The Force Majeure Declaration by the Ministry of Treasury and Finance and its Impact on Tax Liabilities and Other Agreements
Ozgur Yasasin,Oytun Canyas
In order to control the COVID-19 pandemic, The Ministry of Internal Affairs has published communiques suspending the activities of many workplaces operating in various sectors. Although workplace owners are granted a short work allowance following the COVID-19 pandemic, they have faced tough challenges in maintaining their businesses. In response, the Ministry of Treasury and Finance has declared the current pandemic circumstances as a force majeure incident in respect of such workplace owners to lighten their liabilities with General Communique No. 524 on Tax Procedure Law No. 213 published in the Official Gazette numbered 31375 on 25 January 2021 (“the Communique”). You can see the original Communique via this link (Available in Turkish only).
1. Who does the force majeure declaration apply to?
The Communique declares the current circumstances as a force majeure incident for taxpayers operating in sectors in which the Ministry of Internal Affairs has suspended workplace activities temporarily or permanently under the measures taken against the COVID-19 pandemic. Consequently, taxpayers of workplaces such as cinemas, coffee shops, internet cafes, video game arcades, billiards halls, tea shops, AstroTurfs, swimming pools, Turkish baths, saunas, and amusement parks are considered to be subject to a force majeure incident from 12 January 2021, until such time that workplaces begin to operate again.
2. What impact will the force majeure declaration have on taxpayers?
Following the Ministry of Treasury and Finance’s force majeure declaration, according to Article 15 of Tax Procedure Law No. 213, taxpayers’ obligations to submit necessary statements and notifications (such as withholding tax return statements, contributions statements, value-added tax statements, and other tax statements) are suspended during the force majeure period. Accordingly, taxpayers can submit these statements and notifications until the 26th day of the month following the date when the force majeure declaration terminates (i.e., the date when workplaces begin to operate again). The Communique also suspends the payment of taxes that arise from statements relating to the period beginning on 1 December 2020, and ending when the force majeure declaration terminates (i.e., the force majeure period).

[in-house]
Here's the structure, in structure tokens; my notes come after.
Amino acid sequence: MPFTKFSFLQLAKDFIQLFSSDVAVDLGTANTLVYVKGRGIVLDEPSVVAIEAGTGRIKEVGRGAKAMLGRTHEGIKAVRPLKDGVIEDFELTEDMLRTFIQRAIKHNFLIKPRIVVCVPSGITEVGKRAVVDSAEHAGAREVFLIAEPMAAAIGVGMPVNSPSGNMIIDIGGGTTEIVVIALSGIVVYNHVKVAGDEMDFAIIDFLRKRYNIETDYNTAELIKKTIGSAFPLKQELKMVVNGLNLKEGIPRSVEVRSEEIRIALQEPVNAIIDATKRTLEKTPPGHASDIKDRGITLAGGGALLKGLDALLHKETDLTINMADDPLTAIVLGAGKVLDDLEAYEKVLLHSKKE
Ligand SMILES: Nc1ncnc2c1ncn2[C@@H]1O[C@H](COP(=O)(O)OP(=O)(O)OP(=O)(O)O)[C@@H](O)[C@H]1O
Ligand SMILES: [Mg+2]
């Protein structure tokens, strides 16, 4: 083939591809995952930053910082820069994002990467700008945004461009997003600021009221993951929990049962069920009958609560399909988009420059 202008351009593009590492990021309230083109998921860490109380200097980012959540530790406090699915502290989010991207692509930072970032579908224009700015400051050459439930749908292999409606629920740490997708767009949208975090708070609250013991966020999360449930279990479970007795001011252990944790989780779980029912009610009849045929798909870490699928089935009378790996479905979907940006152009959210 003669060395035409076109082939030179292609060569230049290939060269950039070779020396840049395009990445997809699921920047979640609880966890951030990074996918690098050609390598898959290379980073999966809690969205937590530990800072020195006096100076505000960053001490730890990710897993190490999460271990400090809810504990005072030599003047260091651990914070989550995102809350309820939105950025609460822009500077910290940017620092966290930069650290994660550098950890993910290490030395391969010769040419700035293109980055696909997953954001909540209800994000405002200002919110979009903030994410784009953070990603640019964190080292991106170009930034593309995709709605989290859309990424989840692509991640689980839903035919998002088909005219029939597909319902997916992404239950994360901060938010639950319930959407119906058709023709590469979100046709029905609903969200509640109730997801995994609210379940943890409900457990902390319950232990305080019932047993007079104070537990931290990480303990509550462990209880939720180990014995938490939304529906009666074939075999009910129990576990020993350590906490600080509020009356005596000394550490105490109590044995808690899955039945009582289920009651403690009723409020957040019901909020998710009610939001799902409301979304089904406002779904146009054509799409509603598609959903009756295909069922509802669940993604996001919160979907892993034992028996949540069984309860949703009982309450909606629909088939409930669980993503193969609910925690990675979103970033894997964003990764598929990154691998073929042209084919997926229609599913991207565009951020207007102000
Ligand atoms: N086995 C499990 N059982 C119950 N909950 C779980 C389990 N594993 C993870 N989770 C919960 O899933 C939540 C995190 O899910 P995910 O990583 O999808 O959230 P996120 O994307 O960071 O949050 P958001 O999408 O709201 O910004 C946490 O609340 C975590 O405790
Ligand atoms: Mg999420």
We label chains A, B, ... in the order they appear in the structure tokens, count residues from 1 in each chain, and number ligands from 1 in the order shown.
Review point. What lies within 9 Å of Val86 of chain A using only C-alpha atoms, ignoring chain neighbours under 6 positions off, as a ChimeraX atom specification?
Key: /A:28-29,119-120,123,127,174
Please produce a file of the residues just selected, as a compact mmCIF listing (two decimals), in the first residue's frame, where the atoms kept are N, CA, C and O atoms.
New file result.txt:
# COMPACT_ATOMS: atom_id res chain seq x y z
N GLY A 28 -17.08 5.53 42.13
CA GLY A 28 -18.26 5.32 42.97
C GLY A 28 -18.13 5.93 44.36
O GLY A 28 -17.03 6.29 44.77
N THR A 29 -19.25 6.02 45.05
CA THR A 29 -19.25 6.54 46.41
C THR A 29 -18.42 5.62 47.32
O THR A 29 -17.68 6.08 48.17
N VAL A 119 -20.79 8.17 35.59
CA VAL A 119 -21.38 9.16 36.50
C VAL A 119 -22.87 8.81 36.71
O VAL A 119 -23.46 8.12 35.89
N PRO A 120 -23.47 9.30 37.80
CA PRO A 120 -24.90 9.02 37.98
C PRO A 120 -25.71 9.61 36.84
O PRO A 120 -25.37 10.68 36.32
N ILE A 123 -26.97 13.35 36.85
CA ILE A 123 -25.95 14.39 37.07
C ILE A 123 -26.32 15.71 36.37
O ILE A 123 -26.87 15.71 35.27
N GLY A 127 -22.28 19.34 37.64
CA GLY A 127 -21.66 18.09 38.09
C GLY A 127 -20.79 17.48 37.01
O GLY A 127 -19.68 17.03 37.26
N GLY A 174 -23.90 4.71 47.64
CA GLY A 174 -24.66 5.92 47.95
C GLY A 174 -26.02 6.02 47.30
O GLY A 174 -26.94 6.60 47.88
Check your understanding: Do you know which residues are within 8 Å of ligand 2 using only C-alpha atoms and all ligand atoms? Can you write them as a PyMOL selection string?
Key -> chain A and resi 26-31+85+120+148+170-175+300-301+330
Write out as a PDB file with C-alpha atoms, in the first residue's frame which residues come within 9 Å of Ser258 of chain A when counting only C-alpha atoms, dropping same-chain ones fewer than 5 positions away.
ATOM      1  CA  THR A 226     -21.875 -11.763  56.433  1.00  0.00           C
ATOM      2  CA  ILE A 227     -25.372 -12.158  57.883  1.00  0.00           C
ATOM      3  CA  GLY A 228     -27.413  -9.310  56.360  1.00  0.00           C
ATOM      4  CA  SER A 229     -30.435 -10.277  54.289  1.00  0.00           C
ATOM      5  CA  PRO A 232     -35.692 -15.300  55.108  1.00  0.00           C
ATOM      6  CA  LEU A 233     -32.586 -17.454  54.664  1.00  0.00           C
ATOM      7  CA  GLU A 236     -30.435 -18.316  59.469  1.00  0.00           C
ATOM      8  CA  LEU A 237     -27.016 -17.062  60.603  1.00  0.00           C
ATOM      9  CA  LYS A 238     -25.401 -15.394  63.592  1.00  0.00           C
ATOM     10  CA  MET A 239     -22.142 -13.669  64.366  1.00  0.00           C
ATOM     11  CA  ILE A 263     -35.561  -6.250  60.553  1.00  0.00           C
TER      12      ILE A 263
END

3. Will the Communique have any impact on agreements concluded by workplace owners?
The Ministry of Treasury and Finance has declared force majeure through a Communique under the Tax Procedures Law. In this regard, the Communique and the force majeure declaration are not applicable to other areas of law. That being said and bearing in mind that all areas of law consider the concept of force majeure in a similar manner, we are of the view that the COVID-19 pandemic does also constitute a force majeure incident in respect of other areas of law. The most important outcome of such an event will occur under Article 138 of the Turkish Code of Obligations No. 6098. (“TCO”) that regulates the revision and termination of contracts when parties experience serious difficulties in fulfilling their obligations due to unforeseeable extraordinary situations.
In line with the force majeure declaration, the COVID-19 pandemic should be regarded as an unforeseeable extraordinary situation under Article 138 of the TCO in terms of workplace owners whose activities are suspended. The COVID-19 pandemic was not foreseeable for workplace owners, and thus they could not anticipate the suspension of their activities due to a worldwide pandemic at the time of concluding agreements. In this regard, workplace owners can file a lawsuit under Article 138 of the TCO to request the revision of a contract’s terms (especially in the case of lease agreements and business agreements, depending on their scope) in line with the current circumstances. In cases where contracts cannot be revised in line with current circumstances, workplace owners have a right to terminate the contract. That being said, in order to file a lawsuit requesting the revision of a contract, the obligations set out in the contract must not have been fulfilled or must be fulfilled with a clause that reserves workplace owners’ rights arising from Article 138 of the TCO relating to the revision of the contract. Therefore, workplace owners should fulfill their obligations with a clause stating "rights arising from the excessive difficulty of performance are reserved”. This statement has great importance in preventing any loss of rights for workplace owners.